Many of my students are fascinated by biblical archaeology. Although many archeologists today are reluctant to use the work “biblical” together with “archeology,” the fact remains that pastors, seminary students, and lay people in general continue to believe that archaeological work done in the land of the Bible is “biblical archeology.”
Two recent archaeological discoveries have produced much discussion and have already generated a vast amount of literature. Those readers who have not yet had an opportunity to read about these discoveries should follow the links posted below and read about these amazing discoveries.
The first discovery happened, of all places, in a prison in Megiddo. Prisoners who were digging the ground to prepare a foundation for an extension to the prison, uncovered the ruins of what may be described as the earliest Christian church in the land of Israel. The mosaic on the floor of the church has inscriptions in Greek and is dated to the third century A. D. Archaeologists agree that the remains are that of a Christian church. To read the article and see the pictures, click here.
The second discovery was discovered at the site of Tel Zayit, a place south of Jerusalem. The discovery consists of some writings on the wall of an ancient building. The writing, an abecedary, was probably the work of a scribe who was practicing writing the Hebrew alphabet. After studying the position of the letters, archaeologists have dated the abecedary to the 10th century B.C. To read the article, click here.
These two archaeological discoveries can be of exceptional importance in the study of the earliest Christian traditions and the cultural life of early Israel. The value of these discoveries, saved from the oblivion of the past, will depend on further research and evaluation by scholars who specialize in studying history. For a good evaluation of the Tel Zayit’s discovery, read Dr. Cathey’s blog by clicking here.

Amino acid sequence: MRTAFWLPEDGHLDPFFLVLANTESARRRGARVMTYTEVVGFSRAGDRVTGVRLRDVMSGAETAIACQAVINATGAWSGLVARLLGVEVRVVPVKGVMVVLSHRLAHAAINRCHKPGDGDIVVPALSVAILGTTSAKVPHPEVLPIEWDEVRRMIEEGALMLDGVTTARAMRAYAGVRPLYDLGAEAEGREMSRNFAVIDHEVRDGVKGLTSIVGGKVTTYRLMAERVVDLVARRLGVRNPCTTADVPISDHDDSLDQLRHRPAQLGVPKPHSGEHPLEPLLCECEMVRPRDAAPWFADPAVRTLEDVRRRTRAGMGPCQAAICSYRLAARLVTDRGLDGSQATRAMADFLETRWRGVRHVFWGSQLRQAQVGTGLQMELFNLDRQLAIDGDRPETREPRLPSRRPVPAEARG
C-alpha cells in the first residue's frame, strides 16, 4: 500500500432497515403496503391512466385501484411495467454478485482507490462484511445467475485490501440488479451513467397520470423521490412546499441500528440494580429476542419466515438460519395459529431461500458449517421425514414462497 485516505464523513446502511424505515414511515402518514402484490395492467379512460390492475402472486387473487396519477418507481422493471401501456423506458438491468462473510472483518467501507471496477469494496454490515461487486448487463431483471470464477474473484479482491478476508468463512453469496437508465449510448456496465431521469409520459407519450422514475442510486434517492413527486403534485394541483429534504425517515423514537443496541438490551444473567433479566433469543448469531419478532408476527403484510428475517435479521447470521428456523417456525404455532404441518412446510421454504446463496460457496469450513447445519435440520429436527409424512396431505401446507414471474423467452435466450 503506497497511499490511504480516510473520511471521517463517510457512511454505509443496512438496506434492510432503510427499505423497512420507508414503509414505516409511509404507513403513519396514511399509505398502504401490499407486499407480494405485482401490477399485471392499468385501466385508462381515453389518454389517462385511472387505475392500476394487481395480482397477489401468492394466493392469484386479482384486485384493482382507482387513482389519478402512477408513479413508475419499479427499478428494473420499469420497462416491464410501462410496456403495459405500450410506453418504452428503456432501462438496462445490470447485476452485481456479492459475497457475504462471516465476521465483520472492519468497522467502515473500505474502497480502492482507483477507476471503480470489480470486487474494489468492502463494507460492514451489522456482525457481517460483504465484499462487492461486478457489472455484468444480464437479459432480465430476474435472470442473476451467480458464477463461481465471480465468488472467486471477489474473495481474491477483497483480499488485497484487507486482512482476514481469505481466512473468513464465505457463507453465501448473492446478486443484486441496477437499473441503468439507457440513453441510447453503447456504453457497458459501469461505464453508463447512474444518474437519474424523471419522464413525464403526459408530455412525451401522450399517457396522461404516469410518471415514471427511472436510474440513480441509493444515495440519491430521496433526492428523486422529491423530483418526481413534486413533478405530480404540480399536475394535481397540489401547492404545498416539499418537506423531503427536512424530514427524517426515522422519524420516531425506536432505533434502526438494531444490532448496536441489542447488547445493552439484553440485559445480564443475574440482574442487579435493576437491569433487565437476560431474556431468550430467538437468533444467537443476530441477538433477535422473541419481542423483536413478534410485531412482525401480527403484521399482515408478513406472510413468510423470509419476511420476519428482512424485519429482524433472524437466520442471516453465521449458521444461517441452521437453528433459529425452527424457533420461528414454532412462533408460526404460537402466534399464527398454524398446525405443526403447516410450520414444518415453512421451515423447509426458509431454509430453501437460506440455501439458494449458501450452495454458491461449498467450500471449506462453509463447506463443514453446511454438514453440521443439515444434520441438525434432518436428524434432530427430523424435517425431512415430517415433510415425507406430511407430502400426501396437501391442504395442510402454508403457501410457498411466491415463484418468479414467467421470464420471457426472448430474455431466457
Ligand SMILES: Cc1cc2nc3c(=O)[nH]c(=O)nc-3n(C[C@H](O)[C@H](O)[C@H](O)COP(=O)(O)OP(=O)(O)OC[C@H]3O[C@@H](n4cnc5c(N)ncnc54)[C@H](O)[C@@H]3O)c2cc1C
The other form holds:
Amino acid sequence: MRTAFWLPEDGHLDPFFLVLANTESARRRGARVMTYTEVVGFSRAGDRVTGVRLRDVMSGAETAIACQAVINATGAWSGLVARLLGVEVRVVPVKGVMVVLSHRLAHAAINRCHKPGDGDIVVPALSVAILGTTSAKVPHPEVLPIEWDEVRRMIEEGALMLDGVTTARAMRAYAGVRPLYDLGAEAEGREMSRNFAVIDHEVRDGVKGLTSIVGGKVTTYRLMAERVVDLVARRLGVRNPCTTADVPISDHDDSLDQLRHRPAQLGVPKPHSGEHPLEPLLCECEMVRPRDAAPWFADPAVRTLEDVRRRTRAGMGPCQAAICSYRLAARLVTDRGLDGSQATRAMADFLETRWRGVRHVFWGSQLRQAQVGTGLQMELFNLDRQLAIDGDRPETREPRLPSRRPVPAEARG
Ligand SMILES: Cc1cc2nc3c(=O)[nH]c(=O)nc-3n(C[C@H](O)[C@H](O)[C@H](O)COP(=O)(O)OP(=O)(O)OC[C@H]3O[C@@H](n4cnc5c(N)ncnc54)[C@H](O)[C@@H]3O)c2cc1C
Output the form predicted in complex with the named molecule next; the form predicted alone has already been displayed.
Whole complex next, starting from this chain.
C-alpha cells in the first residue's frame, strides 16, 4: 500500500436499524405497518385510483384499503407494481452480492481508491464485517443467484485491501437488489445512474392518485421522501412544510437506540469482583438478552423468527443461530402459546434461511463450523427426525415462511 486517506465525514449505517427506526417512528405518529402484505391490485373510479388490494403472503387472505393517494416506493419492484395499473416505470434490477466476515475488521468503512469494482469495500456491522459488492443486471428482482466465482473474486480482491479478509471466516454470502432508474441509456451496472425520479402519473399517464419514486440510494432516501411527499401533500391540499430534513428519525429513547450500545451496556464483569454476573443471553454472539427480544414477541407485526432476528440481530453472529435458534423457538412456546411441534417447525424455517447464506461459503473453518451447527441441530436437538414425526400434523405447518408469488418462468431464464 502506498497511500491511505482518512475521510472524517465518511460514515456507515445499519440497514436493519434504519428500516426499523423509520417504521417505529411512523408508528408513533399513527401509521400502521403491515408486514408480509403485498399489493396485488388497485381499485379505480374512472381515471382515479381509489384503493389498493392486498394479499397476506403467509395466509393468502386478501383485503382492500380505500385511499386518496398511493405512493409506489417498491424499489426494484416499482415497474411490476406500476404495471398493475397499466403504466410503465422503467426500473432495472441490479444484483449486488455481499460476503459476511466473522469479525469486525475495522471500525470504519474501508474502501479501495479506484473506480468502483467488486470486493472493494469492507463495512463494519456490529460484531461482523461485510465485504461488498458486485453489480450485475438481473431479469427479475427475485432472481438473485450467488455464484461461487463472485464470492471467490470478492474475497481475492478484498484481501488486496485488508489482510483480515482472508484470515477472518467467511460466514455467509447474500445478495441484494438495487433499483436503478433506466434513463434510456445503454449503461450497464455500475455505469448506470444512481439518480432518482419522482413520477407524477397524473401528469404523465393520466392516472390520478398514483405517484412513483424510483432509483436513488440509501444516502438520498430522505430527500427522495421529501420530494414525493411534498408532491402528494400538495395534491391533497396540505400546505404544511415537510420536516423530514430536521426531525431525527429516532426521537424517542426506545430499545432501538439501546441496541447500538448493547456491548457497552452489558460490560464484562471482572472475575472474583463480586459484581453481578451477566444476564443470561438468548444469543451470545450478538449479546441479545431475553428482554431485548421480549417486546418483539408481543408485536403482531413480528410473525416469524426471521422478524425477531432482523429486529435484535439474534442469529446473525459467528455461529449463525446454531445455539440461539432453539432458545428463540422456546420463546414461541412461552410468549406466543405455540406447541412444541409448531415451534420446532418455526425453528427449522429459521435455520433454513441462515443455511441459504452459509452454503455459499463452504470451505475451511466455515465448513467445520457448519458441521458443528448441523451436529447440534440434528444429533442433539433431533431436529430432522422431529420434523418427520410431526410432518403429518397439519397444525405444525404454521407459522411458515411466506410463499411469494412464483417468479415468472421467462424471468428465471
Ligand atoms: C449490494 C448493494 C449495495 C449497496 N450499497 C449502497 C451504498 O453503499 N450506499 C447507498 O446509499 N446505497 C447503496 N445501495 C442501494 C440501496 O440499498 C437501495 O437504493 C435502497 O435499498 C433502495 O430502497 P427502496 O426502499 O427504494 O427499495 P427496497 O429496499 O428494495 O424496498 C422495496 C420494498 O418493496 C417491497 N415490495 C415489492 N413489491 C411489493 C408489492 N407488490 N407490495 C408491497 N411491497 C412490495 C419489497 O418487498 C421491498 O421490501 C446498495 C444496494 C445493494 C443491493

The importance of archaeological work in the biblical lands cannot be overestimated. For many years now, archaeologists have been recovering a large amount of information from the remains of biblical sites. More is yet to come.
Working on an archeological dig in Israel can be a life-changing experience. It is hard work, but the kind of work that can bring great rewards and a new appreciation for the people of antiquity.
The recent volume of the Biblical Archeology Review (BAR) lists all the 2006 digs. Those archaeologists leading the digs are looking for volunteers who want to participate in one of the excavations. If you are interested in digging in Israel next summer, read the BAR or visit their web by clicking here. The article in the BAR describes the different digs and provides information for volunteers who want to work on a dig. Who knows? You may be the one to make the next great discovery.
Professor of Old Testament